The Classical Guitar Society of Victoria (CGSV) has been working with Melbourne-based composer Stuart Greenbaum, the Grigoryan Brothers and the Melbourne Planetarium to present the world premiere of “Natural Satellite”. This is a new suite for guitar duet inspired by the antics of orbital bodies.
At the world premiere on Friday November 15th, the Grigoryan Brothers will perform Stuart Greenbaum’s new five movement suite accompanied by a stunning visual display developed by Planetarium staff for the occasion.
If you’re interested and you’re in town (sorry, readers across the seas!) the CGSV has special ticket and goodies packages available for members, including signed CDs and other memorabilia. To find out more about and bagsie the exciting packages, head on over to the CGSV website and sign up! Go to: http://www.cgsv.org.au
If you want to know a bit more about the Grigoryan Brothers, firstly come out from that rock you’ve been hiding under (only kidding!) and head on over to there website: http://www.grigoryanbrothers.com
Until 15th November (because I’m sure you have it marked in your diary), here’s some of the fine playing from the Grigoryan Brothers……
I get frequent requests from readers and students alike about how they can play fast or faster than they are currently able. They’ve seen or heard such-and-such guitarist and want to play just like that. They think it sounds really cool to play those scales, arpeggios, passages in the piece they’re learning at lightning fast pace.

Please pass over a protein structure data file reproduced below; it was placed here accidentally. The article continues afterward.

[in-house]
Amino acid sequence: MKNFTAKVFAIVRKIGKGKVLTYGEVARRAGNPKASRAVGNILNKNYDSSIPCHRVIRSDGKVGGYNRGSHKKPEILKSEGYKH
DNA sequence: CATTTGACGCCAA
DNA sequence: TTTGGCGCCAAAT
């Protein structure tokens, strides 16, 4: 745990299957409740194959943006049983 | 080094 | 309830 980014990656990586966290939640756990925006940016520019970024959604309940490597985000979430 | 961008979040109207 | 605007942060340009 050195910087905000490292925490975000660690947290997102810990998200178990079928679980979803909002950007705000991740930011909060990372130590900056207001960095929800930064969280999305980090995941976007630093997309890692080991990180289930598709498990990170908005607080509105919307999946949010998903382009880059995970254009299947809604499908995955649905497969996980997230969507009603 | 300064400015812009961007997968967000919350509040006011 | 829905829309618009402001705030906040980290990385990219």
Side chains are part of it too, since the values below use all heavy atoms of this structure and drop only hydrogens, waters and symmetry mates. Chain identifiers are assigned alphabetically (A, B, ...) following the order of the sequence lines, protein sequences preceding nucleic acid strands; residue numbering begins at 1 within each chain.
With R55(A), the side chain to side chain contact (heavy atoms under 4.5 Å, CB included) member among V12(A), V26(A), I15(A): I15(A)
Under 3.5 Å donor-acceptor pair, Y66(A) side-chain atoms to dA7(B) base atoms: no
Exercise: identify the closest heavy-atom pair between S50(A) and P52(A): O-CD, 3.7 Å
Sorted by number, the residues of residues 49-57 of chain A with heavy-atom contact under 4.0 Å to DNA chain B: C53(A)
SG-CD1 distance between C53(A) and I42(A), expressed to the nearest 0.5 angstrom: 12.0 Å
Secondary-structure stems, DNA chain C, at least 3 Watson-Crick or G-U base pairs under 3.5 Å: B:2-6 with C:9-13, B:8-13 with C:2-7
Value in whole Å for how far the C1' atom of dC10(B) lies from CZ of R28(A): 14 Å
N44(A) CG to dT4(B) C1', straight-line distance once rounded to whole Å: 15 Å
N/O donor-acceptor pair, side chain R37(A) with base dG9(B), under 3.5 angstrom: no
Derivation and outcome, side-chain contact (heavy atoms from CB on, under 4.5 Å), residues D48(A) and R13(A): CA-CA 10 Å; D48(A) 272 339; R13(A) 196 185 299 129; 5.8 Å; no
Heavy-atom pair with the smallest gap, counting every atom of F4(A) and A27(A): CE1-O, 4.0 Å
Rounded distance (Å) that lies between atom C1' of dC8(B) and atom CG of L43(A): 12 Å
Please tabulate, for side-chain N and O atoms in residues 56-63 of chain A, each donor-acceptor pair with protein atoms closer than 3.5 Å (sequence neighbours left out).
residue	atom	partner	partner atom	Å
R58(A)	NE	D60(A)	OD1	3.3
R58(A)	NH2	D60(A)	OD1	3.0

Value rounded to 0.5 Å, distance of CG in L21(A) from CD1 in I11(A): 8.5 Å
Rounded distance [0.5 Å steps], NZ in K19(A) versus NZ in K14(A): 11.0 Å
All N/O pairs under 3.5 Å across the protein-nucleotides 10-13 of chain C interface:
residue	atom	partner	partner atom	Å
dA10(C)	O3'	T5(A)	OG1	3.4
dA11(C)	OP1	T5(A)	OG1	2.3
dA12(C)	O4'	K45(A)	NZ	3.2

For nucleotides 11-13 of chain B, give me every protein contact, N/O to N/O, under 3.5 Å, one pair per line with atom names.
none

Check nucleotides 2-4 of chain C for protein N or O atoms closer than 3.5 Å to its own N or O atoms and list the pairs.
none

Well, to the perennial favourite question of “how do I play faster?” my first response is “Why?” Does the music absolutely dictate that this fast (whatever that may be) tempo is required? If you’re wanting to play fast or faster, how does that benefit the music you’re playing? This must always be the first consideration. Fast for the sake of fast is not necessarily good – this isn’t primary school any more people (!) and a little bit of thought (and feeling) about what you’re playing, how and why will go much further than “I can play real fast”.
I would also say, as guitarists and as musicians, we have to avoid where possible (and it can be quite a challenging thing to do, I admit) comparing ourselves to other players. Players that we’ve seen on YouTube with their frighteningly fast arpeggios or their lightning ligandos. We each of us have our own strengths and weaknesses in our playing and comparing ourselves to other players we can sometimes forget this.
Chances are, this person you’ve checked out on YouTube may have a particular strength in this area, but they’ve also probably been working on their playing, their technique (with tempo and speed work just a part of that work, and a natural result of that work) for a reasonably long time. Good playing (and I’m most definitely not equating good playing with just playing fast here, as regular readers I’m sure will understand) takes time and consistent, considered practice to develop.
It personally took me a long time to let go of the “I must get faster” thing, so I totally understand where you’re coming from. I think it’s something that most developing guitarists go through. But let it go you must – as a developing guitarist and musician a much better use of your time and energy is to think about and be aware of your tone, the sound you’re making. Number one!
And then when you’re playing certain passages of music or arpeggios or scales or whatever that you have a certain tempo in mind for aim for evenness between each of the notes first – eveness in tone, eveness in rhythm, eveness in spacing, eveness in control. I promise you that faster playing will come later, and often without you thinking about it.